By Rabbi Craig Axler
This week’s Torah portion is Chukat, Numbers 19:1 – 22:1
In this week’s Torah portion, we find several key moments that advance the narrative of the Jewish people and the stories of our wilderness leaders, Moses, Aaron and Miriam. Most noticeable is the account of Moses striking the rock to produce water for the desperately dehydrated Israelite people who have (yet again) leveled that almost laughable allegation: “Why did you make us leave Egypt to bring us to this wretched place, a place with no grain or figs or vines or pomegranates? There is not even water to drink!”
Instructed by God to speak to the rock to produce water, Moses addresses the people: “Listen up, you rebels, shall we get water for you out of this rock?” striking the rock twice with his staff. This angry, even violent response is the moment when Moses loses the right to bring the people of Israel into the Land. It will ultimately be Joshua who leads the people in, and only after Moses’ death. Many lessons can be drawn from this moment. Actions have consequences. Our fates often change in a single instant. Responding from anger almost always yields a less desirable outcome.
Something that is easy to miss in reading this story is the broader context. The chapter begins with the death of Miriam in one concise verse: “The Israelites arrived in a body at the wilderness of Zin on the first new moon, and the people stayed at Kadesh. Miriam died there and was buried there.” Immediately, the people are without water and the showdown at the rock ensues. But our attention must be drawn to the impact the loss of Miriam has on her brothers, Moses and Aaron. It is impossible not to feel compassion for these two leaders, thrown immediately into yet another communal crisis in the very moment they lose their beloved sister, one third of their leadership team.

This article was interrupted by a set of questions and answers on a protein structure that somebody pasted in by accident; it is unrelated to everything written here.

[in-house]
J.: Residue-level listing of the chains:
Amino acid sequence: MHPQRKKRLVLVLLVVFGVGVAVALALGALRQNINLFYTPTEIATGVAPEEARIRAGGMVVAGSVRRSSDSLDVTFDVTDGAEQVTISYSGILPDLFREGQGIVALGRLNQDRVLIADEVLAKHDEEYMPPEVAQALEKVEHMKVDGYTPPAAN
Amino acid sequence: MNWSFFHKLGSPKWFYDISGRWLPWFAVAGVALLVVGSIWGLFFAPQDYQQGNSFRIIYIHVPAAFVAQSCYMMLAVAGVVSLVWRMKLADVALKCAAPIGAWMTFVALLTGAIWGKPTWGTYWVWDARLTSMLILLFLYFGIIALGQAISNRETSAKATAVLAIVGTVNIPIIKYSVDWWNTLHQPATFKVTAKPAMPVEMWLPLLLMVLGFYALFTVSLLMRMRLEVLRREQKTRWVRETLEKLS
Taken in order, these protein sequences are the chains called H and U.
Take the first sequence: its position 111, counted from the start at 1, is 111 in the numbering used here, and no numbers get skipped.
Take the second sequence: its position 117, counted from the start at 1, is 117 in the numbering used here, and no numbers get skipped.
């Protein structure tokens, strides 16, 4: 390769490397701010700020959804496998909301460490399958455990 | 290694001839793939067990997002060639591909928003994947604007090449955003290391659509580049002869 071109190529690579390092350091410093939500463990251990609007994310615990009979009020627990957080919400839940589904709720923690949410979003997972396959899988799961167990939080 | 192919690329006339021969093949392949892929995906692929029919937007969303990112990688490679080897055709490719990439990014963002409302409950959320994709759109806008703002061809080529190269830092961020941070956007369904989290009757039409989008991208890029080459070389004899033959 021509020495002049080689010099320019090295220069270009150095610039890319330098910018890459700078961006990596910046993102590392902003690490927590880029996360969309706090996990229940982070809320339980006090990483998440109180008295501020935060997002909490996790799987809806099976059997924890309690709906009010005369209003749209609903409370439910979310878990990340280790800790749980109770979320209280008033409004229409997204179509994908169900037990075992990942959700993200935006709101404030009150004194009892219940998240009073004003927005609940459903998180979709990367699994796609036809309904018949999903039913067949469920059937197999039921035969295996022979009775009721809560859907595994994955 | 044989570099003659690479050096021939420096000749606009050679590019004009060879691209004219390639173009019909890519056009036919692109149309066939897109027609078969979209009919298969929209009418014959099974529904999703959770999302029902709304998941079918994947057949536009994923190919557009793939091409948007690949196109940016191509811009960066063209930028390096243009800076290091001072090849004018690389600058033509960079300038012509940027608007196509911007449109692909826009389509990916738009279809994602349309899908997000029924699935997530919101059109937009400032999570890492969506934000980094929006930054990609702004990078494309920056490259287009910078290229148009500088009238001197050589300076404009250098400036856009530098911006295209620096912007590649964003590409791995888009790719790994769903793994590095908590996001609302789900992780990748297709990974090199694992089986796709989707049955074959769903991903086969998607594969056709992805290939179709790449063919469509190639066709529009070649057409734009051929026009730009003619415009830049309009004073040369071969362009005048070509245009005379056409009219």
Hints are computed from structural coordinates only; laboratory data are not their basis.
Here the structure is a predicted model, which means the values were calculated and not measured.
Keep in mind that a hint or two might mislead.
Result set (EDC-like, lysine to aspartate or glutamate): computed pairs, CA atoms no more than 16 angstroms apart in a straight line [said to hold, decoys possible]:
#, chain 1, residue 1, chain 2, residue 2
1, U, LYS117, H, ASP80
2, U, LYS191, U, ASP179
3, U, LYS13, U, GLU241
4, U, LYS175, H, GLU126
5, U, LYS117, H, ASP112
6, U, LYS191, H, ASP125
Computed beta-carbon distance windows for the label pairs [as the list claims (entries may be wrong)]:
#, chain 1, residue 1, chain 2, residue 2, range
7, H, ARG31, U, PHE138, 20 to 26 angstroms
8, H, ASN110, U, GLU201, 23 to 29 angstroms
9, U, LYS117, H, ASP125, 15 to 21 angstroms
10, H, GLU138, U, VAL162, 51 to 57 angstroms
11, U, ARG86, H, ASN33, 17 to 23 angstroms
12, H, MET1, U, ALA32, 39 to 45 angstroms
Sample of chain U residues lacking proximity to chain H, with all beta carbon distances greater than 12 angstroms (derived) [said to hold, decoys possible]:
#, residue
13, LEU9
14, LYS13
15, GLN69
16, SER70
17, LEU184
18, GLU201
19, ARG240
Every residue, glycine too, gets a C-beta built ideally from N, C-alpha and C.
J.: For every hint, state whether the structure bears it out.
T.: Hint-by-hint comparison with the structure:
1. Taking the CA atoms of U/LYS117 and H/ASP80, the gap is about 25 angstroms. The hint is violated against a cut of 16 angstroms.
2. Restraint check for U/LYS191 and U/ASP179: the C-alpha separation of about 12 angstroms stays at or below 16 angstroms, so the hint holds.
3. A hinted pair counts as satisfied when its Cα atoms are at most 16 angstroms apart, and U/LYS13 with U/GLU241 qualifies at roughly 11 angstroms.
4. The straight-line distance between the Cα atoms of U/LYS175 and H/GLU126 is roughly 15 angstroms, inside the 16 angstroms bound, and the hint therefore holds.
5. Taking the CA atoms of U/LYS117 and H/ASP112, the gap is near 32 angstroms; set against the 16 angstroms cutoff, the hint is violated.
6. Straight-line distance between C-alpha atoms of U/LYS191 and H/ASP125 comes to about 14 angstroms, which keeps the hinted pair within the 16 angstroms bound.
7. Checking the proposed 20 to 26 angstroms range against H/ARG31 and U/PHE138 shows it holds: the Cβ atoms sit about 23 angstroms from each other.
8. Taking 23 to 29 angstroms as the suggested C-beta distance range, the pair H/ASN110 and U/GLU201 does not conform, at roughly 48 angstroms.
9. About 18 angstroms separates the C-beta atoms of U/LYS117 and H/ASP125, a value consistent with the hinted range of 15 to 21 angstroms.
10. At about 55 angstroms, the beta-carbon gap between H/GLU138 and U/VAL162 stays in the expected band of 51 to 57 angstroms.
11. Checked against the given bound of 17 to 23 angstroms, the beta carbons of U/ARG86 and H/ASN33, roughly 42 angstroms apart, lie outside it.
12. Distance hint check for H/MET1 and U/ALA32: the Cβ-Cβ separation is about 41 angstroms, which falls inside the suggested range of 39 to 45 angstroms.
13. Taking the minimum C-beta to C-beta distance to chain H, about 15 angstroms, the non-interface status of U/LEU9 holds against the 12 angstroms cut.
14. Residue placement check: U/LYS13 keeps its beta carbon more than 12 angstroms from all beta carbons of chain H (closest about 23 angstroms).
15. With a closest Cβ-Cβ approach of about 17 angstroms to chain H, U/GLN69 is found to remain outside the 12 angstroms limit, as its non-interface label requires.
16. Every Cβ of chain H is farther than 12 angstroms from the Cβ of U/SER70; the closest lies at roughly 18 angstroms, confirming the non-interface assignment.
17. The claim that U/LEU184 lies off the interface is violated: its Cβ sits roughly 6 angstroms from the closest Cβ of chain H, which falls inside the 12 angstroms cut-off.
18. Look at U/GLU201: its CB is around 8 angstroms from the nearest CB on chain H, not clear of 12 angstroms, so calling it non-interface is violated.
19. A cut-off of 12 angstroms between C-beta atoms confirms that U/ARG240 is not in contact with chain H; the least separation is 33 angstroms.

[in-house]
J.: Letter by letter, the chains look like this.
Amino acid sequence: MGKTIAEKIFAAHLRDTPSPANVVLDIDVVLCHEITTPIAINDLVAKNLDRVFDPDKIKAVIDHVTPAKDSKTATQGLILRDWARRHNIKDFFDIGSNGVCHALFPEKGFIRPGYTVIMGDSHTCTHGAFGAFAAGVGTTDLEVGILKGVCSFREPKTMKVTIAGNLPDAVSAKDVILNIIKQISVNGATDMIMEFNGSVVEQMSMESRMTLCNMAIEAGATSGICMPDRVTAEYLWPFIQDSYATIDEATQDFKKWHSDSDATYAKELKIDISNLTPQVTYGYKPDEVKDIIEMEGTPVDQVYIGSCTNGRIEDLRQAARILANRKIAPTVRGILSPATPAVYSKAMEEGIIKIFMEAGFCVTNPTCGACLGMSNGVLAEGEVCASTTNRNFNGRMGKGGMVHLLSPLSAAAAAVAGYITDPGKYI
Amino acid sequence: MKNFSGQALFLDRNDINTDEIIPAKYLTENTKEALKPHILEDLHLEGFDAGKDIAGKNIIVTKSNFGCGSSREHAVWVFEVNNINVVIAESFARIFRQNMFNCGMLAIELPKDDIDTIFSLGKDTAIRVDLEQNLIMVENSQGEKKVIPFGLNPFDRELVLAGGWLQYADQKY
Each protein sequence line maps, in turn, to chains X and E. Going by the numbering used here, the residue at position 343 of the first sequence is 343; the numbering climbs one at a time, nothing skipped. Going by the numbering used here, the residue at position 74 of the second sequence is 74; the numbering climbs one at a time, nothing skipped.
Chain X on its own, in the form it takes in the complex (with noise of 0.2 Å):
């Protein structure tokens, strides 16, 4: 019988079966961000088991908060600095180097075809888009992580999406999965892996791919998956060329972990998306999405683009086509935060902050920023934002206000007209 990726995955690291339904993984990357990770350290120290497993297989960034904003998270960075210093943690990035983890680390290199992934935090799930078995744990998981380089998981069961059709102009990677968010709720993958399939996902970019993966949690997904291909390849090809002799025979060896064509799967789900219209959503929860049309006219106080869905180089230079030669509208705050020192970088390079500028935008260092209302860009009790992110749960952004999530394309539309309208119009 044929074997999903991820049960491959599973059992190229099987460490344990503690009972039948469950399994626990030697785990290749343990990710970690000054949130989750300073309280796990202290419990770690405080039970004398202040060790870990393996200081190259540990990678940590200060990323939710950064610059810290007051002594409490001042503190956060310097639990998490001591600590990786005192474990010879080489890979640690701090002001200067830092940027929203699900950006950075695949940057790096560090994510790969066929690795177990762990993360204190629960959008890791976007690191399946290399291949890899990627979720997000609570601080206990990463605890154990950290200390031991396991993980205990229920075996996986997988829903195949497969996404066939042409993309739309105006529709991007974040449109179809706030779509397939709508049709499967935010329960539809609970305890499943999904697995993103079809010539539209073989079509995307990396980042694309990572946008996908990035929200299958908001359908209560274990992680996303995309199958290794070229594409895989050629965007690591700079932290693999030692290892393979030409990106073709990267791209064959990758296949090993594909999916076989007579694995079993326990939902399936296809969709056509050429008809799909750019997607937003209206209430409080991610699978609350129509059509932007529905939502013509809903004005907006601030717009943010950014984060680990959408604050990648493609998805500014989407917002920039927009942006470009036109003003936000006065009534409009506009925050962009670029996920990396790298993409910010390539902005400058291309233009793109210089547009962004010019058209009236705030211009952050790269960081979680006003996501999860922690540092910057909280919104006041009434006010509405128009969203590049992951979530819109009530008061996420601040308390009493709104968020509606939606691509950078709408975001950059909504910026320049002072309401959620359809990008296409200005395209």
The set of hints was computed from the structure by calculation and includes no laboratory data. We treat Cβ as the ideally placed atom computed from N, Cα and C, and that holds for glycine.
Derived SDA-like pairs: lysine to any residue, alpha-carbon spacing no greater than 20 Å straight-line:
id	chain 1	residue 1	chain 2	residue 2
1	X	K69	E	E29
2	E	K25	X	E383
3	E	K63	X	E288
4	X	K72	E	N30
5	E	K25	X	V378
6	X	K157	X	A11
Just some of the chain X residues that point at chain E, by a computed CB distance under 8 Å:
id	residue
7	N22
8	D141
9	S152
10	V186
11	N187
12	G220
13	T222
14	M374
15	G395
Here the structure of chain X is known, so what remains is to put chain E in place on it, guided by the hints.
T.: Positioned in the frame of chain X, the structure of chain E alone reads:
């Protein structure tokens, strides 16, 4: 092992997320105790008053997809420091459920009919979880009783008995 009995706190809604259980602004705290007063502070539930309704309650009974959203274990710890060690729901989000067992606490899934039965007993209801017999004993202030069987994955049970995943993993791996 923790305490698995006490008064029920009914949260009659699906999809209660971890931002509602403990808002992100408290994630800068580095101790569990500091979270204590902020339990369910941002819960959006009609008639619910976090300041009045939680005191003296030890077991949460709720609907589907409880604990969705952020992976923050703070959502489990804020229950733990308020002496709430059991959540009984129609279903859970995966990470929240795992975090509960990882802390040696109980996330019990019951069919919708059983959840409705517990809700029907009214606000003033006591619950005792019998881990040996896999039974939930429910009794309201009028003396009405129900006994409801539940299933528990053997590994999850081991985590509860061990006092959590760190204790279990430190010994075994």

That Moses responds in anger becomes infinitely more understandable when we see him as an individual in the depths of mourning for Miriam (it was she who saved him at the banks of the Nile all those years ago), and yet he is being denied even a moment of quiet in which to process his loss. Miriam is barely in the ground when the people voice their complaint.
Traditional commentators attempt to identify what about Moses’ specific sin was so egregious that it warrants God’s punishment. Among the suggestions is the idea that Moses speaks with particular harshness, even calling the Israelites “you rebels” – a term that both fits and seems to lack compassion for a people who are thirsty and hungry in the wilderness. A fascinating Hebrew play is embedded in the text, one that I first encountered in an essay by scholar Ora Horn Prouser in The Torah, A Women’s Commentary. She points out that the unvocalized Hebrew for “rebels” MoRIM is identical to the unvocalized name of Moses’ beloved sister MiRIaM. Prouser writes: “The verbal coincidence may intimate that Moses’ behavior has as much to do with losing Miriam as with his frustration with the Israelite people. It suggests that when faced with the task of producing water, Moses recalls Miriam as his older sister, his co-leader, and perhaps most of all, the clever caretaker who guarded him at the Nile.”
The result is the same for Moses: a tragic lost opportunity at the very moment of mourning his sister. Perhaps the context inspires in us some compassion for the human being that Moses was, together with our idealized vision of him as a leader. Leaders are, after all, just like you and me.
Rabbi Craig Axler is rabbi of Temple Isaiah in Fulton, Md.